Possibilities and Limitations

In our work, as well as in other visualization projects, we encounter several comprehensive and fundamentally essential method-based issues that we have not yet dealt with in a deeper sense, but that have to be analysed, since this technique is often being used nowadays within more and more subject areas.

It gives us great opportunities to describe historical environments and events in a new manner. Naturally, we cannot recreate the reality of Askeby abbey during the 15th century.  The problems concerning selection of facts and perspectives applies to all forms of historical interpretations, but becomes more evident in a visualized environment.  These issues criticizing the source become more comprehensive as each visualized object has to be described in detail in order to make it plausible.

The big challenge is to accurately display a historical environment and at the same time making it look alive, depicting daily routines and life at that period of time.  Since we also must consider the program allocation and costs, the selection of facts become very delicate.  Each object basically has its own pricing. We must focus on the whole picture.  Increasing the technical level of one object, means it has to be generally enhanced throughout the program.  The technology exists, but it would imply unrealistic costs.

A selection of perspectives and data is controlled by the fact that we are trying to target several categories of visitors. We are performing a “controlled” guiding through the abbey and the church, which sets the conditions.  The visitor may also study the churches on his/her own, as well as viewing different virtual objects and environments on the computer.  Apart from this, there as a quite comprehensive computer program that describes the abbey and church in its entirety in several newly written essays.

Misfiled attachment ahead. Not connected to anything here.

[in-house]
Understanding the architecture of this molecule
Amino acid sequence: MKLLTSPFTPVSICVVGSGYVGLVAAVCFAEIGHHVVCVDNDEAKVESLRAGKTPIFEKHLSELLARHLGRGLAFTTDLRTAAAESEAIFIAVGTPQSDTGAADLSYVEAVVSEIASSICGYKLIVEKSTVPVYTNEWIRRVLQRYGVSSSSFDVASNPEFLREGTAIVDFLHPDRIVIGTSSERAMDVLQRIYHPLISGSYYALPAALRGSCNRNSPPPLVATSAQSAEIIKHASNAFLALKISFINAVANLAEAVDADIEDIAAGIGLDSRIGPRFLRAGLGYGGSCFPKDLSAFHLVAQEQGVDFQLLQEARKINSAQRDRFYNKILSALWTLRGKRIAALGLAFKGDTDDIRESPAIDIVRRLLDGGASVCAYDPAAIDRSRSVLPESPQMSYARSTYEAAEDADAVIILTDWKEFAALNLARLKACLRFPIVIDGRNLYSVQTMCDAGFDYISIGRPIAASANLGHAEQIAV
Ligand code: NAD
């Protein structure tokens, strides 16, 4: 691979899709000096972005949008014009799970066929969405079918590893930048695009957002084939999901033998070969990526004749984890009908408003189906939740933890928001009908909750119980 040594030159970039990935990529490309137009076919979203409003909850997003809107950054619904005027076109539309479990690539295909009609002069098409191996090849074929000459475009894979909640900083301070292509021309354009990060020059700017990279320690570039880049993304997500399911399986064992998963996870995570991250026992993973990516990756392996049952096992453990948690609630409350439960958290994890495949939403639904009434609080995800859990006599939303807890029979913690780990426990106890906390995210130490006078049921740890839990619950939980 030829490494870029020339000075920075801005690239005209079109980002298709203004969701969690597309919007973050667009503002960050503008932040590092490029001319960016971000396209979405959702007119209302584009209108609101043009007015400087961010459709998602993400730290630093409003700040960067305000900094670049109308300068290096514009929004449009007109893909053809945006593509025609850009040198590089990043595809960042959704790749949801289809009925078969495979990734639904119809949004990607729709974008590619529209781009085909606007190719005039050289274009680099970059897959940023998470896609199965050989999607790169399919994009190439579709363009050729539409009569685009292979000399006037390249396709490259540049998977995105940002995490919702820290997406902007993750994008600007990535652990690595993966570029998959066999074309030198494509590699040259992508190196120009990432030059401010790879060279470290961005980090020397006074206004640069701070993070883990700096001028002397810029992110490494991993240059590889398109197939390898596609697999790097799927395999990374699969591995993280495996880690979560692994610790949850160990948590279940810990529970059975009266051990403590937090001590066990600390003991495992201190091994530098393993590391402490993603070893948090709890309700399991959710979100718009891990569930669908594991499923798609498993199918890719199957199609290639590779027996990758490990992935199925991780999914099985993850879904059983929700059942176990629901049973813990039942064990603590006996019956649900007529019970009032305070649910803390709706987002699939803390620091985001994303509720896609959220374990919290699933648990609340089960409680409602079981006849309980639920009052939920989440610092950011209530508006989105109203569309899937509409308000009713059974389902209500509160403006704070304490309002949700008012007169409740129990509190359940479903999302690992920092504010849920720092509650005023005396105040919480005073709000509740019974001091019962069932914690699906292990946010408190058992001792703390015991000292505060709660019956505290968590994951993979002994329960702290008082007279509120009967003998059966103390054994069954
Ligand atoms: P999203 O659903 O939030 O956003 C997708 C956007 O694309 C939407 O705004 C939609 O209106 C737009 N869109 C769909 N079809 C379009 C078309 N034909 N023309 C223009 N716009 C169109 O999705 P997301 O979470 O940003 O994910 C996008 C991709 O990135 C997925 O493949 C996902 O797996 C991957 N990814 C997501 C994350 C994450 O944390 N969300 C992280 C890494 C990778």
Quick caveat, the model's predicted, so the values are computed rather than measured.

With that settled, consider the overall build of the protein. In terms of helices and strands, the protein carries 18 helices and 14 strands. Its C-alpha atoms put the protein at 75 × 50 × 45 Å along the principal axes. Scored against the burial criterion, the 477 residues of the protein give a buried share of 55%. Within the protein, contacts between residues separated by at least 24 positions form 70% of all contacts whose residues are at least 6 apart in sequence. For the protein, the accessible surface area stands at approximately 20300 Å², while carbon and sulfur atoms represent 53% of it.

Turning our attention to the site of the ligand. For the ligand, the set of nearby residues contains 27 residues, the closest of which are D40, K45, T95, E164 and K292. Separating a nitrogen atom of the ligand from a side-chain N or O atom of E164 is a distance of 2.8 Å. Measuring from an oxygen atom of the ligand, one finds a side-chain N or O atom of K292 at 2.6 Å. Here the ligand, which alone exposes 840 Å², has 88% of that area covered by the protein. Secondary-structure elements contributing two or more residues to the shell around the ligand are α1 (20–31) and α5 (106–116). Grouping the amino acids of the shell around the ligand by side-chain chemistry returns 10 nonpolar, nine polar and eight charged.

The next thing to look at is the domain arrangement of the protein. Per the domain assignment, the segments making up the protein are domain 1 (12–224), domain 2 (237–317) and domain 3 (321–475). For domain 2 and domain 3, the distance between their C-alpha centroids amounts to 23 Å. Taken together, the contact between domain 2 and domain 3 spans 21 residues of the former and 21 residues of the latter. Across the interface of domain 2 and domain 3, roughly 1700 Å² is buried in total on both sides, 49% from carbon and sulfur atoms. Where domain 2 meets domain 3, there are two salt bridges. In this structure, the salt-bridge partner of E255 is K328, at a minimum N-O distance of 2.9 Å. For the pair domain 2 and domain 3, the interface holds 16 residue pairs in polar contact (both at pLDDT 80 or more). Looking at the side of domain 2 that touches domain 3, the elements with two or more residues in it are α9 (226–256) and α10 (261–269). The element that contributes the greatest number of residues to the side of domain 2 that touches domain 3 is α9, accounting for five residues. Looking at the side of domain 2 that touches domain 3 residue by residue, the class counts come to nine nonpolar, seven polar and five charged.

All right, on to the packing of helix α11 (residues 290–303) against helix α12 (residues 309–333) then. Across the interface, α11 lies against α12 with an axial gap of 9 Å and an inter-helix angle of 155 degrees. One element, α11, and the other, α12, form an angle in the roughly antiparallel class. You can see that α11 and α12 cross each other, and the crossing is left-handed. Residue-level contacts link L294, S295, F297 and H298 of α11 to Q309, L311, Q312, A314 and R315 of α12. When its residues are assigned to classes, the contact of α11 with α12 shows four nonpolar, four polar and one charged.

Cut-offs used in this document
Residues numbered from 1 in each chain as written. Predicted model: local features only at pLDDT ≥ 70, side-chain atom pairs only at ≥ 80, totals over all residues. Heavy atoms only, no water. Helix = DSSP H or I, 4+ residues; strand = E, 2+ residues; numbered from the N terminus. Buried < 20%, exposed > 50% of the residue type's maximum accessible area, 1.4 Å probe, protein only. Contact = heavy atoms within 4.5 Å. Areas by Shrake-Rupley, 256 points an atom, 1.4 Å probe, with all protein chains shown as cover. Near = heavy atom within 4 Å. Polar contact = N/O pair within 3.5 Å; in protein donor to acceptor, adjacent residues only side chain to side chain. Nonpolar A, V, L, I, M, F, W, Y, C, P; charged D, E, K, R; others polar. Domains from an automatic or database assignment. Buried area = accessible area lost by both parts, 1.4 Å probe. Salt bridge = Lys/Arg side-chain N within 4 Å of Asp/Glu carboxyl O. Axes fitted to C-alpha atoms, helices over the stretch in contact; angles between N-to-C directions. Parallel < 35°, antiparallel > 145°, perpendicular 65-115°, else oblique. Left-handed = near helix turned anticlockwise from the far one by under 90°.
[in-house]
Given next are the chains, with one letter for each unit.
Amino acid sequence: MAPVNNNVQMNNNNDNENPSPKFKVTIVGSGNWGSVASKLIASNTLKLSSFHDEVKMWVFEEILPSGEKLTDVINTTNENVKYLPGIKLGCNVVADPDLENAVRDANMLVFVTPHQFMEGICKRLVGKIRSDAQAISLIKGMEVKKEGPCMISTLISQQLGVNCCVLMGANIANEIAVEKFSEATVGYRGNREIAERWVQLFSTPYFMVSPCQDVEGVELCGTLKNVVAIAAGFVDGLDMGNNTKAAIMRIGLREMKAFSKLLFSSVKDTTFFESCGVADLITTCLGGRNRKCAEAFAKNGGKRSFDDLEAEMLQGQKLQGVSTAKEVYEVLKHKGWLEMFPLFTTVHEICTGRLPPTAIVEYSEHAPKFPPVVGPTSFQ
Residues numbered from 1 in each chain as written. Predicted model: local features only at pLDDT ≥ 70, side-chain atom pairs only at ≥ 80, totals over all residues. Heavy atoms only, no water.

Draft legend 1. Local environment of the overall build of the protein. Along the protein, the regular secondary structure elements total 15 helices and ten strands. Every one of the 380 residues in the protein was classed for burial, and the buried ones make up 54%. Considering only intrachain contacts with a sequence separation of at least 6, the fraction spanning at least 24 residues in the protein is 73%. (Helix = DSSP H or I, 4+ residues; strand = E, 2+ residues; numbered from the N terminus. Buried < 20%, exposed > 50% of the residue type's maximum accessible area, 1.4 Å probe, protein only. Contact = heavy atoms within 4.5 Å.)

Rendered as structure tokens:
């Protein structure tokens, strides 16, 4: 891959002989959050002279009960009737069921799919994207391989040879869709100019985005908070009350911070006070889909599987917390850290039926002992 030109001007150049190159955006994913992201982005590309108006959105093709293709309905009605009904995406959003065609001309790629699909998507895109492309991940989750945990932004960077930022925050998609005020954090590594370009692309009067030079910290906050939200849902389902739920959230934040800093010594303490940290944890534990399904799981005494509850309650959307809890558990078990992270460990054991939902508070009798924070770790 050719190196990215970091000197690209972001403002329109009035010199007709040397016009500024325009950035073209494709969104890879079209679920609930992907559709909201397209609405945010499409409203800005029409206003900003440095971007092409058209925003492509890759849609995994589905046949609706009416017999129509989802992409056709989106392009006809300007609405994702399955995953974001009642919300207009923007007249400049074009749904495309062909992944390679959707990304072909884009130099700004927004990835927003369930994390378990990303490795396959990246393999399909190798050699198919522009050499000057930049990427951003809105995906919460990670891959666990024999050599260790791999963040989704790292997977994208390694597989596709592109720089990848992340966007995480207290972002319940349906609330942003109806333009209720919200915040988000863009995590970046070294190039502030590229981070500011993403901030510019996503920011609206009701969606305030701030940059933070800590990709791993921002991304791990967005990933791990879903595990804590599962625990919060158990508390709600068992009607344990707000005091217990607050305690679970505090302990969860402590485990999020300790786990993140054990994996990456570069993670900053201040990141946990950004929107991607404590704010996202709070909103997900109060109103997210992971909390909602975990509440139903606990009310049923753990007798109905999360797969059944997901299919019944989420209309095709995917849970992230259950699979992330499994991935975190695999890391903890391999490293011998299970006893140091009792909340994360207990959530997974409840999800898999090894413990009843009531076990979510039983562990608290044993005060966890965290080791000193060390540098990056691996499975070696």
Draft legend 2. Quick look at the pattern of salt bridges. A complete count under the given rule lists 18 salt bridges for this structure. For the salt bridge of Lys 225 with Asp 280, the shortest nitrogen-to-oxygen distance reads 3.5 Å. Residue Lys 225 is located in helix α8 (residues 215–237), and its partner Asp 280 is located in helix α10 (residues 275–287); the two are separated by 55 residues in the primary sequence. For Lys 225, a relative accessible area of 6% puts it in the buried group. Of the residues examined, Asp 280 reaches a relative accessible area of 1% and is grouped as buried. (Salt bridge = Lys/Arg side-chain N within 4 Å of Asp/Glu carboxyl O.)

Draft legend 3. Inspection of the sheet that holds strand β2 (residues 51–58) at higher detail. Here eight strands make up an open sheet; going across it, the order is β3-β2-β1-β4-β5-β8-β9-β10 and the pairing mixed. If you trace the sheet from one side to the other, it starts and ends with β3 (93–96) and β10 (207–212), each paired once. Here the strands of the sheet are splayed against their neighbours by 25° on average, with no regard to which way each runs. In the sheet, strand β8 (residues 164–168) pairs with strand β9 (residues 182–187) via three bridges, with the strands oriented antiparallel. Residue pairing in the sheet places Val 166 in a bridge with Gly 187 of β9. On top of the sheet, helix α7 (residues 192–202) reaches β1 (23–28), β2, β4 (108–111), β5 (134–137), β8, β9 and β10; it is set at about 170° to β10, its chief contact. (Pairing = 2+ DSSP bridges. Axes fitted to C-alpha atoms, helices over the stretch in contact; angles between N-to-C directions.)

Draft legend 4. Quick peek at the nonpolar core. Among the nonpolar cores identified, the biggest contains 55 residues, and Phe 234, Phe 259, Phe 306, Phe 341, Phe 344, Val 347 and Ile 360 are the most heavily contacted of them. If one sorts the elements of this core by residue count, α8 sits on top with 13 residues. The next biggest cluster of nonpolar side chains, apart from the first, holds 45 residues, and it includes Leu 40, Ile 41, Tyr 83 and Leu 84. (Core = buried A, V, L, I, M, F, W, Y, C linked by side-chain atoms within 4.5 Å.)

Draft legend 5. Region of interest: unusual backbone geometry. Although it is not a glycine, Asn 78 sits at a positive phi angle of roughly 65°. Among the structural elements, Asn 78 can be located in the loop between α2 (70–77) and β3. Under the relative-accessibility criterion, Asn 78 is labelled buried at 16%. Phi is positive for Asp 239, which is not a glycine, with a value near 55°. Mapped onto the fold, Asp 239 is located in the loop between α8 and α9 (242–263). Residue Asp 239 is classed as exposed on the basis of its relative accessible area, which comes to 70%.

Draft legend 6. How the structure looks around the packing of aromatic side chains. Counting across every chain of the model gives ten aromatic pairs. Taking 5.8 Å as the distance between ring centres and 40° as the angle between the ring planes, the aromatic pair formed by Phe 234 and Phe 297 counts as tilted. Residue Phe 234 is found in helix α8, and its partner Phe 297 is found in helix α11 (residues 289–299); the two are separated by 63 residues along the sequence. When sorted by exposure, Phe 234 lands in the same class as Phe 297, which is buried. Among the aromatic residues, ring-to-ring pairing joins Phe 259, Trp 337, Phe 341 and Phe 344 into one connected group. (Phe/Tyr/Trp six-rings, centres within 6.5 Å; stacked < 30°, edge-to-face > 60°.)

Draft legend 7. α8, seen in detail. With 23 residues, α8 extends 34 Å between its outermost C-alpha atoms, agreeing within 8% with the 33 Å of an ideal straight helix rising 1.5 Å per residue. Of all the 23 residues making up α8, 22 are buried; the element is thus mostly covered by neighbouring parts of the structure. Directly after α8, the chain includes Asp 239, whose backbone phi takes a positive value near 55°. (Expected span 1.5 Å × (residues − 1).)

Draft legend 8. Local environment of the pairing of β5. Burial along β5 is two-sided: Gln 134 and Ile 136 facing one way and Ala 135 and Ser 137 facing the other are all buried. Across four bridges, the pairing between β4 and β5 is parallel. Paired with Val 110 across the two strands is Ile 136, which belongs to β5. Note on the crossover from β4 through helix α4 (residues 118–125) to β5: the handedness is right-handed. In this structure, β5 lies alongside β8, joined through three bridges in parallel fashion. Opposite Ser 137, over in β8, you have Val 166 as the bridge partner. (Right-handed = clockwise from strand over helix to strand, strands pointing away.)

The task consists of creating the most accurate portrait that is possible out of different types of source materials.  Several researchers have in an engaged manner been very helpful in this work.  It is mainly by the department manager at RAÄ, Ann Chatrine Bonnier, the head antiquarian Jan Eriksson, the archaeologist Gert Franzén, the art historian Susanne Glöersen, the antiquarian Hanna Menander, the professors Dag Lindström, Kjell Leijon, and Jan Svanberg.

But the project comprises a greater team work than this.  A close cooperation with the computer technicians is a prerequisite, in this case with the engineer and art historian, Filip Wänström.

The goals and possibilities of the visualization were discussed at a conference at Linköping University on September 27th 2006, arranged by associate professor, Kjell Leijon, along with participants from several subject areas at the University, the Swedish national heritage board, the Museum of Region of Östergötland, and other people involved in the project.

At the meeting it was brought up that it is not sufficient to base the visualization upon our intellectual interpretation, but we must clearly account for different point of views, and, in some cases, even alternate interpretations.  A visualized program does not have to be a final product, but it may be further developed and altered as needed.